What is Gaslighting? What You Need to Know

What is Gaslighting? What You Need to Know

Relationships are not always healthy. Many family and romantic relationships have physical or emotional abuse involved. A common type of abuse that has become popular in recent years is gaslighting. The term “gaslight” comes from a 1944 movie with the same name. Mental cruelty at its worst, it refers to the act of undermining another person’s reality. A person will do this by denying facts and feelings. They may also question the environment around them. 

 

Victims of gaslighting are manipulated into turning against their cognition and emotions. They may question their own reality and think they are crazy. Almost all of us are being gaslighted by someone or have been at some point, whether it is by a celebrity, public figure, someone at work, friends, or family. 

 

Gaslighting can happen in any kind of relationship. While it is most common in romantic settings, gaslighting can happen in relationships with unequal power dynamics when one person is so important to the other. The gaslighter can be a parent, sibling, friend, or boss.

 

Gaslighting can have a long-term impact on a person’s emotional and psychological well-being. Because of this, it is important to learn how to spot gaslighting and shut it down before it places an extreme psychological impact on our daily lives. 

 

Signs of Gaslighting

 

Think you may be a victim of gaslighting? Here are the signs to look for:

 

  • You question your thoughts and reality. An abuser will use various techniques to convince you that you are wrong and the abuser is right. You may not think you are being abused at all. You are likely to repeat phrases that have been fed to you by the abuser on multiple occasions.   
  • You feel too sensitive. The abuser will often try to minimize their hurtful behavior by claiming they are joking. You may try to convince yourself that you are just “too sensitive.” This allows the abuser to place all the blame on you. You may feel as though you are unable to make decisions for yourself.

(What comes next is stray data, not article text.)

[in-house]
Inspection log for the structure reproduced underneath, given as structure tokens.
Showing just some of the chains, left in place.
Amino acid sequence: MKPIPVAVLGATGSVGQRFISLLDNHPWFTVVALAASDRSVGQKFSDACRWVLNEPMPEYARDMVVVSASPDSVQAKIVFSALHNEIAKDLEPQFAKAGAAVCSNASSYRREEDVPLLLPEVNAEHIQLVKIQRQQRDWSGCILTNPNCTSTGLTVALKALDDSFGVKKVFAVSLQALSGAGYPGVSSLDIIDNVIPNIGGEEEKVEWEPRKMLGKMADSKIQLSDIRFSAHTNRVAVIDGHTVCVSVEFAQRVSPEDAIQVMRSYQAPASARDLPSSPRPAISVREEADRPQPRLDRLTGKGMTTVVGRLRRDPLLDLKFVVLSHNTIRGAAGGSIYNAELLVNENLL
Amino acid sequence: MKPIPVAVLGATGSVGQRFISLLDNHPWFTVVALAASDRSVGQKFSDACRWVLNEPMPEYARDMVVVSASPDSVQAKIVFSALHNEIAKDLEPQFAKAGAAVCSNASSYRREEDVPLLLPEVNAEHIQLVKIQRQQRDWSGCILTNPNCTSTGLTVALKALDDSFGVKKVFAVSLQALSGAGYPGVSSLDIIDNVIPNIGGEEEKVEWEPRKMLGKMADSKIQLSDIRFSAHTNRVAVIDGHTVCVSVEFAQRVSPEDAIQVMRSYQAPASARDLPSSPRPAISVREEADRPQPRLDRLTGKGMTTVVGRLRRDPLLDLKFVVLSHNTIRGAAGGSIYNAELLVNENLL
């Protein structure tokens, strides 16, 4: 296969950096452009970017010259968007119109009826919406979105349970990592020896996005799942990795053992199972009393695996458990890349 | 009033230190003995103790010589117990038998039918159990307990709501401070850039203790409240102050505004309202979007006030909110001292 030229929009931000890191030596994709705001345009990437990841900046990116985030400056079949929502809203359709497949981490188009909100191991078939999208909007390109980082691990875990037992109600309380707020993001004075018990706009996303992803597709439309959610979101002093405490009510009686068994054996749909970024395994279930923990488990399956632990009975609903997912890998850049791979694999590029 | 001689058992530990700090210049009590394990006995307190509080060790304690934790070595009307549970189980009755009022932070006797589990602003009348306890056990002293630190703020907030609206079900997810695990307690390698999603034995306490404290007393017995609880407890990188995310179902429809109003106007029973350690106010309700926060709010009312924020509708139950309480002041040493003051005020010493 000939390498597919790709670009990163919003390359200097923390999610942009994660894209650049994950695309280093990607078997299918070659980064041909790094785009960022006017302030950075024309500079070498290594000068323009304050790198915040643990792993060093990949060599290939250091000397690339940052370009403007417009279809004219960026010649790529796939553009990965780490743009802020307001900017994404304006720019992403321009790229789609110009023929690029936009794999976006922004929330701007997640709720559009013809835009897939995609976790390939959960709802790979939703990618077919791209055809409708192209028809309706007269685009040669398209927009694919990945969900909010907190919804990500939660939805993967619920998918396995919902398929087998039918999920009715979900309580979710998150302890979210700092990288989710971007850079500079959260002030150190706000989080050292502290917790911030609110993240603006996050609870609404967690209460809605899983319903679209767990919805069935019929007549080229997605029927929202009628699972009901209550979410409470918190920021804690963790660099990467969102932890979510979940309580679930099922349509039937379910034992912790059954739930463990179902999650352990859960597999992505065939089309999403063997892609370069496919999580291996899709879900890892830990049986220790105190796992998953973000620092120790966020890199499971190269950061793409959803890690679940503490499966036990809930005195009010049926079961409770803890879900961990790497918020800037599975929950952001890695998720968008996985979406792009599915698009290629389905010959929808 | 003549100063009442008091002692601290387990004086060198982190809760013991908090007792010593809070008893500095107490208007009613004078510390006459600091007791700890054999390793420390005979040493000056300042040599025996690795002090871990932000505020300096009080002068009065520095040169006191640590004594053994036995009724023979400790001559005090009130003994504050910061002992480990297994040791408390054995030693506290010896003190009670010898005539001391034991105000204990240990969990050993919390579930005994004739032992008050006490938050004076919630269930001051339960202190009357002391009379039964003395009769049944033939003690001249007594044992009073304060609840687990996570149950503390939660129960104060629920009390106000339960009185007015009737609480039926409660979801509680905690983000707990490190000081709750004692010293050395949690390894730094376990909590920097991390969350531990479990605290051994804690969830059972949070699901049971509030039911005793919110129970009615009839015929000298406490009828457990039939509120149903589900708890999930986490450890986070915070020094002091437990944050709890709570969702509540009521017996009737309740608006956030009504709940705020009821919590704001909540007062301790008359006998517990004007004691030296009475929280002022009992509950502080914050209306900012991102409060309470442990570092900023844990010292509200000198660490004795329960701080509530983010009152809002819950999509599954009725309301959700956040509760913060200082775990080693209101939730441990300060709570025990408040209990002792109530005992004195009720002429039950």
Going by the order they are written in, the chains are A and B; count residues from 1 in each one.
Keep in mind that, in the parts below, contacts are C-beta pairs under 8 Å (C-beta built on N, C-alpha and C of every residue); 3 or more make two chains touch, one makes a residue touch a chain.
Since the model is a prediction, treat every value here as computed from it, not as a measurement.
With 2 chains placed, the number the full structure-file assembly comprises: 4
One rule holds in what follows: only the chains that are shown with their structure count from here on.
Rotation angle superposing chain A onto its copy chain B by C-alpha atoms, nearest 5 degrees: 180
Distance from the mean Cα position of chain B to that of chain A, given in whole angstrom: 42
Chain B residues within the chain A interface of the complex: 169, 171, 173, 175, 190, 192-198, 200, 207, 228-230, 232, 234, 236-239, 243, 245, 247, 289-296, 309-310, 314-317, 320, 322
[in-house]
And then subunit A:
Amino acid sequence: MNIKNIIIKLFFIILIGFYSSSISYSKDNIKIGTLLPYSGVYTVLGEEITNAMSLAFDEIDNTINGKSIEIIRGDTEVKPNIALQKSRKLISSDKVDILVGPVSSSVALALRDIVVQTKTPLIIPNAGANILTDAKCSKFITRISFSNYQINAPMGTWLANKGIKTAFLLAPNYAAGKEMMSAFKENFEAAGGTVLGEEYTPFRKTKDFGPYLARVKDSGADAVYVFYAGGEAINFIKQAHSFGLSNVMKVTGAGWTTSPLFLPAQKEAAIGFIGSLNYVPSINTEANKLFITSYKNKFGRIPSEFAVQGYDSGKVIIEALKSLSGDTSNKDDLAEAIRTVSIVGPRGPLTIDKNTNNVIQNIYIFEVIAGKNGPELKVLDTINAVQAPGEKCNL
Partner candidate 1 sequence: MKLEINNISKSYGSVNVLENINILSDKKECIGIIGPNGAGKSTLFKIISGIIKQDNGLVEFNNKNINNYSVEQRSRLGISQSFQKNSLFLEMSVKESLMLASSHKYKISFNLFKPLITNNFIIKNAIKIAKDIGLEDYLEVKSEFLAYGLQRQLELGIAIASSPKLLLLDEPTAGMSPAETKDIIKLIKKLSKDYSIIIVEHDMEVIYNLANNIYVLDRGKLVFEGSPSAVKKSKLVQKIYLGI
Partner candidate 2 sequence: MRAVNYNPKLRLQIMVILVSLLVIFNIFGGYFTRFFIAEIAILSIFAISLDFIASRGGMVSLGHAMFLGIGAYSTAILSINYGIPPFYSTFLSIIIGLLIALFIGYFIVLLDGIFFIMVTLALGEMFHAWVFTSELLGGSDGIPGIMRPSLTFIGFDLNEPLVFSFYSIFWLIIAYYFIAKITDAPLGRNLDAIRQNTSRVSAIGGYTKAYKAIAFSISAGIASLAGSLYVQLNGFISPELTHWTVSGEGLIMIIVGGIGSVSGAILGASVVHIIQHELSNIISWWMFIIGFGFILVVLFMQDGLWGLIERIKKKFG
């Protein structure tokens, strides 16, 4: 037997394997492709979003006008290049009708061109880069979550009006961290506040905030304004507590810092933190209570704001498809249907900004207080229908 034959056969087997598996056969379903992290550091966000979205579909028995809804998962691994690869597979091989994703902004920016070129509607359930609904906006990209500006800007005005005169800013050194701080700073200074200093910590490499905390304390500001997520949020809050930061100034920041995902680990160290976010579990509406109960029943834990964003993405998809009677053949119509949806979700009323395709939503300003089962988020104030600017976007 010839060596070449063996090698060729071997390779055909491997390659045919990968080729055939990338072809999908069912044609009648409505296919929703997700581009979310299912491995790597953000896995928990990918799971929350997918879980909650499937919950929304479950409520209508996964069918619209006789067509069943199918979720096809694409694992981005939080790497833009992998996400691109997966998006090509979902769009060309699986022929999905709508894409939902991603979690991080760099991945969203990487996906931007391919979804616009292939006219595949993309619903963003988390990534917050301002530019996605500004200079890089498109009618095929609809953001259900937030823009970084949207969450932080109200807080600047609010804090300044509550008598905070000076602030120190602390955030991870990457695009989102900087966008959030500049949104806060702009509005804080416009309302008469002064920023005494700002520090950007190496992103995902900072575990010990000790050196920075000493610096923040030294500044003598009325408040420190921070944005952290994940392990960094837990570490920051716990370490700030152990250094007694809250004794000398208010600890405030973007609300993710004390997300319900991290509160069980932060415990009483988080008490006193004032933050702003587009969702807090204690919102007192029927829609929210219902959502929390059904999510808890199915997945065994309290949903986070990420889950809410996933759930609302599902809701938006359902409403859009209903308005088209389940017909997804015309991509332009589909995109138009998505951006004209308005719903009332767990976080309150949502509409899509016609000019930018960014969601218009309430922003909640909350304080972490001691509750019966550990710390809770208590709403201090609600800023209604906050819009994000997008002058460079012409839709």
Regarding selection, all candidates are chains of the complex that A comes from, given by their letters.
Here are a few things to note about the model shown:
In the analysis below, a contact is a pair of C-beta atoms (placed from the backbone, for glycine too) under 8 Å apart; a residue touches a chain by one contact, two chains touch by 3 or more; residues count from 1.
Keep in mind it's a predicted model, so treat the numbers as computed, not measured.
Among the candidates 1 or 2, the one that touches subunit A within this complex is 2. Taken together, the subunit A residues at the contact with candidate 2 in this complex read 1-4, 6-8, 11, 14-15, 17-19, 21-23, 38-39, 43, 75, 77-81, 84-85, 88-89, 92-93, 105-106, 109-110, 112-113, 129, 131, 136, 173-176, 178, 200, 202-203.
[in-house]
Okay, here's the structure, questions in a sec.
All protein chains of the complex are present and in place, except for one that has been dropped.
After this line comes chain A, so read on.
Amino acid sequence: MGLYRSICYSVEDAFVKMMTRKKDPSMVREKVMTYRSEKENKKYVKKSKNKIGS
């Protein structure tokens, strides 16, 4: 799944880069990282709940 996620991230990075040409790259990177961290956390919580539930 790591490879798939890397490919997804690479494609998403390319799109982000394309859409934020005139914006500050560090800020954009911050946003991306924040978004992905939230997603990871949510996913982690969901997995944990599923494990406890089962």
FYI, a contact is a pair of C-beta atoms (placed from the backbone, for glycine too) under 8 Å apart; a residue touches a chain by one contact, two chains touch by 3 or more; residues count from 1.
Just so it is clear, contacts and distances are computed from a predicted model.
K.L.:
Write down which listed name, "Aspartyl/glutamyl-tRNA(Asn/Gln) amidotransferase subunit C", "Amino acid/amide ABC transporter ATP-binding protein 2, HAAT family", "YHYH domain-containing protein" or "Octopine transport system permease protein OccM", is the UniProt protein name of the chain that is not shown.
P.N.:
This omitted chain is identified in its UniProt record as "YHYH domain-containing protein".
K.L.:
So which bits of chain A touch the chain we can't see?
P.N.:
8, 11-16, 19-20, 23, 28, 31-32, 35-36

• You feel confused. Your abuser may act two-faced, like Dr. Jekyll and Mr. Hyde. Which version of your partner is the real person? Is your partner really “nice” and you are just trying to minimize the “bad” version? Your partner might be telling you that you are “always a little confused,” further questioning your reality.
  • You wonder if you are good enough. Your partner’s constant abuse and insults may make you wonder what is wrong with you. Will you ever be good enough for your partner? You may be unhappy and feel like something is wrong, but you are not quite sure what it is exactly.
  • You are constantly frustrated. As time passes, you may feel weaker and more passive. There will likely be anxiety and depression as the abuser continues to inflict mental distress on you. You choose to remain silent so you do not irritate your partner, even though you know you need to be stronger. This may leave you feeling frustrated, hopeless, and defeated.
  • You feel alone. Your abuser will isolate you from friends and family. They will convince you that everyone also thinks you are crazy and mentally unstable. Your lack of social support will cause you to feel helpless because you have nobody to whom you can turn. You may feel like you are constantly “walking on eggshells” to avoid your partner’s angry and dismissive behavior. You do not know what else to do but put up with the behavior.
  • You are always apologizing. You should not be constantly apologizing for behaviors that were not even your fault. However, you may feel responsible for your abuser’s complaints and you may apologize just so you do not have to deal with the abuser’s behavior. You should not have to apologize multiple times a day for bad behavior. This is a major red flag.

 

What to Do

 

If you feel as though you are being mentally abused, you need to be aware of it and put an end to it. Once you recognize the problem, you can move on to these steps:

 

  • Separate the truth from lies. Take note of the conversation so you can review it thoroughly. At what point does it stop being reality and turn into denial? Are you having the same conversations over and over again? Write down how you felt.
  • Change your mindset. Visualize yourself without the relationship and be positive about it, even if it makes you feel anxious. Look forward to better days down the road when you will have your own reality and social support. 
  • Give up the relationship. Know that it is OK to walk away from a toxic relationship. It will be difficult, but you will need to do it. 
  • Talk to your friends. Ask for their honest opinion. How do they feel about you? Do you seem like yourself? What do they think of your partner’s behavior?
  • Focus on feelings. You may wonder who is right and who is wrong. Instead, think about how you feel. Pay attention to conversations that leave you feeling bad about yourself. Your emotional well-being in a relationship is more important than who is right or wrong.

Seek Legal Help

Gaslighting is an abusive technique that makes people question their own reality. You need to identify it and shut it down before it impacts your mental health. When it occurs in a marriage, it often leads to divorce.

Ready to move on from an abusive relationship? Seek legal help from Broward County divorce attorney Scott J. Stadler. We have resources that can help you after divorce. Get started with a consultation. Call (954) 398-5712 or fill out the online form.